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Ozone stomatal flux model applied to a tropical tree species: incorporation of the action of volatile organic compounds in O3 removal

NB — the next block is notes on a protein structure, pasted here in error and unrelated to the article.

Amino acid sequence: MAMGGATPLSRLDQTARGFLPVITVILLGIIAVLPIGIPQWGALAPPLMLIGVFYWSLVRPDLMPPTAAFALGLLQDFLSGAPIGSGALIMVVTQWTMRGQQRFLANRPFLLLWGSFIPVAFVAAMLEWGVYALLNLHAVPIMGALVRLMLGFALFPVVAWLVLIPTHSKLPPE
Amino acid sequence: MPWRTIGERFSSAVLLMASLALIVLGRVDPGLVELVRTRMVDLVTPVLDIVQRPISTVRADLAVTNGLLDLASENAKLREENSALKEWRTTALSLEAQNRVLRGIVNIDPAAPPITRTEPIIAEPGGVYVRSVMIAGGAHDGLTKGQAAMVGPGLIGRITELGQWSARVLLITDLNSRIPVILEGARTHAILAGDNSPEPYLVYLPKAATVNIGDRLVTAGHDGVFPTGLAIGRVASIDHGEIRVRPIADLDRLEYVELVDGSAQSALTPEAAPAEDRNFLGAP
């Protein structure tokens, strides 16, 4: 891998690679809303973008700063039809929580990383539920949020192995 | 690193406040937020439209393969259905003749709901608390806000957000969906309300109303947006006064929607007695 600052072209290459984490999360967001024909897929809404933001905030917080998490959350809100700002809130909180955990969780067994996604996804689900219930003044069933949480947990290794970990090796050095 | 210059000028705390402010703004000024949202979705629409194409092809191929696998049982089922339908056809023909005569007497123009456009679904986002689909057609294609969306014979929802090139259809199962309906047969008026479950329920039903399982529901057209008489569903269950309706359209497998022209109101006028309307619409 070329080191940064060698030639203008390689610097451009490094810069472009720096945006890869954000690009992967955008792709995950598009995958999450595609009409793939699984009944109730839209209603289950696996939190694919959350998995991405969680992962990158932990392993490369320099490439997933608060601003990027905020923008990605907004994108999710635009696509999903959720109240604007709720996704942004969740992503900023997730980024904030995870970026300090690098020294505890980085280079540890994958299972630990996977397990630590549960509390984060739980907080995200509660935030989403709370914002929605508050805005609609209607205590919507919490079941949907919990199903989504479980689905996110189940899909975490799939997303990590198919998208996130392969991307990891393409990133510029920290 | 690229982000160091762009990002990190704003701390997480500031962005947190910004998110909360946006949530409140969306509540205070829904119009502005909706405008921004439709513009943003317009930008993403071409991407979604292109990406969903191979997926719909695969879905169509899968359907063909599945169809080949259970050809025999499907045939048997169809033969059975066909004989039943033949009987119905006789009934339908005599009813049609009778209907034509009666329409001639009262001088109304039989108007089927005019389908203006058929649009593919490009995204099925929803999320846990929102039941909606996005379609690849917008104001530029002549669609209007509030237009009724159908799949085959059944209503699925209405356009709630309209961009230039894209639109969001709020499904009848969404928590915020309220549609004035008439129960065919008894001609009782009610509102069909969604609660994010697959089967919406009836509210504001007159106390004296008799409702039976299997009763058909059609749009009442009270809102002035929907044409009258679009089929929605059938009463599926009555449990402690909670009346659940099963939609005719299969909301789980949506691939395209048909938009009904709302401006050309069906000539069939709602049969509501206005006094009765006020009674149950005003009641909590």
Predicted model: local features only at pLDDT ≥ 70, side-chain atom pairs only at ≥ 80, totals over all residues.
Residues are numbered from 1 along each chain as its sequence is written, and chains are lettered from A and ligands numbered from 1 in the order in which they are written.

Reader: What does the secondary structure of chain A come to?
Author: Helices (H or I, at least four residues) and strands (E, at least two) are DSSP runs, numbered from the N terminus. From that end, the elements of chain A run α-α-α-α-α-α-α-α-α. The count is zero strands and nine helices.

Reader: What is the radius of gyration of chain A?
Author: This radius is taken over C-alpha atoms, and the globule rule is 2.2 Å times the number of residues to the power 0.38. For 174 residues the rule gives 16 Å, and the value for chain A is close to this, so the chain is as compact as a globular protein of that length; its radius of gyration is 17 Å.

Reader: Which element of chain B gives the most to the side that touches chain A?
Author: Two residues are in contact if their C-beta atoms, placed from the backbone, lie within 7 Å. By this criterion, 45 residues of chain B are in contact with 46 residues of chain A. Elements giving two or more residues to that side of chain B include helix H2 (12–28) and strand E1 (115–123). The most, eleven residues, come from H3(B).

The concentration of ozone (O3) has increased worldwide threatening species and ecosystems. Plants act as O3 sinks via stomatal and non stomatal processes. Non stomatal processes include the removal of O3 molecules of the boundary layer that cover the leaf by volatile organic compounds (VOC) emitted by plants. Many studies have attempted to the development of critical levels of vegetation protection against the effects of O3. It was found that indexes based on stomatal conductance and environmental factors produce more accurate results that indexes based on the concentration of O3 in the air. The objective of this project is incorporate the action of volatile organic compounds emitted by Astronium graveolens Jacq., a tropical tree species sensitive to O3, in the O3 stomatal flux model to verify if this increases its predictive capacity. Saplings of A. graveolens will be exposed to ambient conditions for six months in a place contaminated by O3. Daily courses of stomatal conductance will be performed weekly. On the same days, VOC will be collected and analyzed by gas chromatography with detection by mass spectrometry. Climate and air quality will be monitored continuously. The model accuracy will be assessed by a dose x response curve considering O3-induced foliar injury as the response variable, providing a subsidy for public policies to the control of air quality. (AU)

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